There is much interest in Apple’s new Fusion Drive for Macs, where an SSD and conventional Hard Drive are paired into one drive. Files are automatically moved between the SSD and HD depending on usage, so the most frequently accessed files reside on the faster SSD and the HD provides greater capacity for infrequently used files. The feature sounds like a step forward for users with more files than a reasonably priced SSD can store, but there are still many answers and reliability tests needed before it’s something to recommend for use on a hackintosh.
After recently buying a 128Gb OCZ Vertex Plus SSD from Aria, for the bargain price of £40, I have been looking at ways to use this with my 2Gb hard drive. I recently added a Seagate 2Gb 7200.14 drive, using my previous 2Gb drive as a backup. The new Seagate gave a big boost to read/write performance, going from around 50Mb/s read/write on the old HD to 140Mb/s read/write on the Seagate 7200.14. This testing was done using the free Blackmagic Disk Speed Test app for the Mac appstore, so while in no way comprehensive does show a big speed increase for sequential access.
The OCZ Vertex Plus SSD is an older generation device that gives around 160Mb/s write and 200Mb/s read speeds. This is way below the 500MB/s+ speeds that newer SSD’s can offer, but this was intended as a cheap test before committing to a more expensive SSD. The next decision is how to use the two drives, with three main options available: Read more…
For the past few generations of OSX on generic Intel hardware there has been a choice between using a DSDT matched to your motherboard and BIOS, or a selection of additional files to provide full hardware support. My own machines have used the DSDT approach, where a well edited DSDT file provided the best compatibility and smoothest experience. Many of these DSDT files are available with all the hard work done for you at tonymacx86, whose selection of files cover seven motherboard manufacturers including my favourite Gigabyte.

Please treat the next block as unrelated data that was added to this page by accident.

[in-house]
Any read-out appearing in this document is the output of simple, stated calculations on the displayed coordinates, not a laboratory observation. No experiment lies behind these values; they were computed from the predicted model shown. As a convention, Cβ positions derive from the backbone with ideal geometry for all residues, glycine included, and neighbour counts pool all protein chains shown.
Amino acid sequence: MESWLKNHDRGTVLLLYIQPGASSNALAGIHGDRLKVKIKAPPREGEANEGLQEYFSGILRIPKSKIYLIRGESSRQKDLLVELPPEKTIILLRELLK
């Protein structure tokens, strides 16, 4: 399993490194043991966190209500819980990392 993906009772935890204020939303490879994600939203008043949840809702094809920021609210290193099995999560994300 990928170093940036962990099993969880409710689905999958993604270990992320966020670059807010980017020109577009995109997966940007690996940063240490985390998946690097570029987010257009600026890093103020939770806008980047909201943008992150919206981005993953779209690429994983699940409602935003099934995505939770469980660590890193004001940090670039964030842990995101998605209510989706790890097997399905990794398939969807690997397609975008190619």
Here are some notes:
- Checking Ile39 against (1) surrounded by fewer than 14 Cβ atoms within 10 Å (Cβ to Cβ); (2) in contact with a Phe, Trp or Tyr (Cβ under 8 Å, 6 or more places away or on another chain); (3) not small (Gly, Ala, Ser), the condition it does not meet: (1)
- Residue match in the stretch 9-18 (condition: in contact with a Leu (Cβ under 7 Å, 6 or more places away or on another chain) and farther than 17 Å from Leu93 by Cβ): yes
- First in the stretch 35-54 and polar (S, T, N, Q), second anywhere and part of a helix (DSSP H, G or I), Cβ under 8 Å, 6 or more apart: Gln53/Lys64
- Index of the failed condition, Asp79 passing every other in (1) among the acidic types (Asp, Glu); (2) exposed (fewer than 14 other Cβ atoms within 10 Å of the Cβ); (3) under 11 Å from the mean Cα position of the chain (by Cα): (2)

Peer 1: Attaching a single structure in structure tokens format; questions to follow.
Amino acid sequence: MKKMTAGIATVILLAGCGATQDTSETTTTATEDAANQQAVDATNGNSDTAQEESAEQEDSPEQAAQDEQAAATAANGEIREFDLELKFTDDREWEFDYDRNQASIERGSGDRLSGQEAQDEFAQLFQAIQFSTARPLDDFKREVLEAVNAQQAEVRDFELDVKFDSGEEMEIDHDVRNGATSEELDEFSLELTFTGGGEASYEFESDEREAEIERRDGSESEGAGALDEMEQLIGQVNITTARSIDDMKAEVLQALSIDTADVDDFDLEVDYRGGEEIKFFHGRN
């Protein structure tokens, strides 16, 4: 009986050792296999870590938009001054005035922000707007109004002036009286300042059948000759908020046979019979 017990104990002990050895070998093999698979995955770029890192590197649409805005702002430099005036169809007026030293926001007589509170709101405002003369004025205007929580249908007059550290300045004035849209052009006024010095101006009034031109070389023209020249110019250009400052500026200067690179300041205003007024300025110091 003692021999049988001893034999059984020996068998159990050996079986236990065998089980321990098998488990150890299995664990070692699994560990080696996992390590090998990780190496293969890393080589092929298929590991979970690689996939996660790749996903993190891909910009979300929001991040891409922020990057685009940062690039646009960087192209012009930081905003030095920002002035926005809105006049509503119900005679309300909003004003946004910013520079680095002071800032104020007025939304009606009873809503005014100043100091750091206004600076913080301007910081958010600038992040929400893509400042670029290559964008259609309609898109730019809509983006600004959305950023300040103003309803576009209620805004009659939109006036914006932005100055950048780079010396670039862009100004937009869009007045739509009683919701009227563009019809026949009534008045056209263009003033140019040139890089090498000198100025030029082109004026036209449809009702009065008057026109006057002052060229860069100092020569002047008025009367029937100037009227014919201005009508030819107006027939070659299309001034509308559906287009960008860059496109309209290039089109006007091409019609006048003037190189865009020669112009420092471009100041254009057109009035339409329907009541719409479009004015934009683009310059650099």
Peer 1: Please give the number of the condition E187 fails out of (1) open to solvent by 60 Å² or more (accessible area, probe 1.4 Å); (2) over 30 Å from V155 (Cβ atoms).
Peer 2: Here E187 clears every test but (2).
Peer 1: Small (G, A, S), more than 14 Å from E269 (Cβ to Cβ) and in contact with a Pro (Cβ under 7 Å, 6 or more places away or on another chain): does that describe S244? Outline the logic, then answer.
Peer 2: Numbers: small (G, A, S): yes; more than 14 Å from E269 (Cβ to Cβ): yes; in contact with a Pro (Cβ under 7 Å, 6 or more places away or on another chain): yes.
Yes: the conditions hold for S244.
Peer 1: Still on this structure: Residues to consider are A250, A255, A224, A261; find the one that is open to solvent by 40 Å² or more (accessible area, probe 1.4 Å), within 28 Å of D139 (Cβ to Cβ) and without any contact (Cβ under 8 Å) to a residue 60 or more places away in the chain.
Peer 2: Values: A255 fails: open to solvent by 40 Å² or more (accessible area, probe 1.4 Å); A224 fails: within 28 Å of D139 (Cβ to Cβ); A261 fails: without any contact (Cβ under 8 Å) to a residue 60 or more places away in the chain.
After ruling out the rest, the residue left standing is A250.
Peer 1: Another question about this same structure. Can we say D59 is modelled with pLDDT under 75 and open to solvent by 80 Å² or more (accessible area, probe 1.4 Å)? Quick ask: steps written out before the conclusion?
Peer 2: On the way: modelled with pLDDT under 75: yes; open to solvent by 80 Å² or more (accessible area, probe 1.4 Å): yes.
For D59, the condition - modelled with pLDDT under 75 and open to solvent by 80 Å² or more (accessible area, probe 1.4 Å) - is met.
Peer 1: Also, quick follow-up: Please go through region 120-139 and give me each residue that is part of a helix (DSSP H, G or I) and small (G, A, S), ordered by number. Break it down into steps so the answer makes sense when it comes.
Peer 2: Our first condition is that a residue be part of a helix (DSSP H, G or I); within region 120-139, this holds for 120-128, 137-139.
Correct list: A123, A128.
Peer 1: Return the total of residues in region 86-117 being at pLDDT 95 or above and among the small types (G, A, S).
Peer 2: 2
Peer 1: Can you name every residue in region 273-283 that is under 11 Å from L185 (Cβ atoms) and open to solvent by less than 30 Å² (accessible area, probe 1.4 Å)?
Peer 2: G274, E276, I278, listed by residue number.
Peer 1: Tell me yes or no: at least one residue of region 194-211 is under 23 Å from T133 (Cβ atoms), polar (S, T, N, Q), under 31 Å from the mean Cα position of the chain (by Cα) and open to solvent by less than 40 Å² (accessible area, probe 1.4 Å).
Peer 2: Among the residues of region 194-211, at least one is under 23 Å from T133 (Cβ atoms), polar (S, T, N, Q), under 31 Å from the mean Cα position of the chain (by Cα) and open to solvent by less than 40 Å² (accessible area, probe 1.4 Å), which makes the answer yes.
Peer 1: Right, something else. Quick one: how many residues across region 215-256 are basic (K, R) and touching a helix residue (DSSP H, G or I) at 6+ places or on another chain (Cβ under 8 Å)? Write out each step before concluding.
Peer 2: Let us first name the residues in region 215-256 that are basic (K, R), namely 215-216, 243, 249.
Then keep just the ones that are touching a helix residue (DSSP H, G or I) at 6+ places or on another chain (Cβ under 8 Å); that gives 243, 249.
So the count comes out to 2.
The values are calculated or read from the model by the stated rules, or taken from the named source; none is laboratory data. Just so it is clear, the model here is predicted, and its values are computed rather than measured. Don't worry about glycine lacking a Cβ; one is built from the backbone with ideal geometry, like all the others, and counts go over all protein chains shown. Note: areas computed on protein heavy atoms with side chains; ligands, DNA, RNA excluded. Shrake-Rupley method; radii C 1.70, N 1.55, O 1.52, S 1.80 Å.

Earlier this year there was much excitement at Gigabyte’s release of the Z77 motherboards which used a new UEFI rather than the traditional BIOS. The biggest surprise here was that Gigabyte boards with the new UEFI did not need a DSDT file for all hardware to work, simplifying the job of getting a hackintosh running well. My own board, a GA-Z68XP-UD3 had a beta UEFI available, soon followed by release U1g. I followed a couple of great guides at TonyMacX86 for upgrading my motherboard from BIOS to UEFI, then configuring the UEFI settings (this is for 7 series motherboards but worked well for me). Read more…
One of the problems I encountered with my original Gigabyte GA-P35-DS3R motherboard based hackintosh was the network interface. The Realtek 8111B chip on the motherboard didn’t work very well with OSX’s drivers, and a workaround was required. With Snow Leopard I used a modified version of ifconfig and a script to get the network interface working correctly with bonjour, so the useful auto discovery features would work (iTunes, Finder etc.)
This worked well but wasn’t very elegant, so I was happy to discover Lnx2Mac’s port of the Realtek Linux RTL81xx driver. I disabled the ifconfig script and dropped Lnx2Mac’s driver into /Extra/Extensions, and after running a few terminal commands to set permissions/owners and rebuilt caches (see step 6 here) it’s working great.
Thanks to Lnx2Mac for the work that went into porting this driver, and if it helps you out you can make a donation from the project page.
I’ve been working on my latest hackintosh for a while now, with the last finishing touches taking much longer than anticipated. They’re all in place now so it’s time to reveal the hackinfireplace. That’s it in the video above, showing a couple of the HD videos that are launched using the function keys of a small wireless keyboard/trackpad. There’s a kitchen plinth heater hidden behind a removable piece of skirting under the display for those rare occasions when a bit of extra heating is needed.
The birth of this project was a visit to a DIY superstore as part of gutting and decorating the Lounge/Living Room. The choice of wall colours was easy, Oak floor agreed on and a new Leather Sofa and chairs a given. The choice of fireplace was more problematic. The existing fireplace was old, but not in a good antique way. Modern hang on the wall electric fires can look tacky with their fake flame effects, and the more expensive electric and gas wall mounted fires can get very costly. Most of those I saw with relatively easy fitting hung on the wall, protruding anywhere from four to six inches. They look fine from the front, but not so good from the side. What I really wanted was a fire flush with the wall, but that’s the point the cost starts rocketing. While in the DIY store myself and Mrs Basshead saw an LCD wall hung fire. A 19 inch screen played video’s of various fire’s, and there were also a few other scenes available. A remote control selected the video’s and also operated the 2kw heaters . A nice idea, but still wall hung not flush. The available video’s were also not great quality and the screen was not very high resolution. Read more…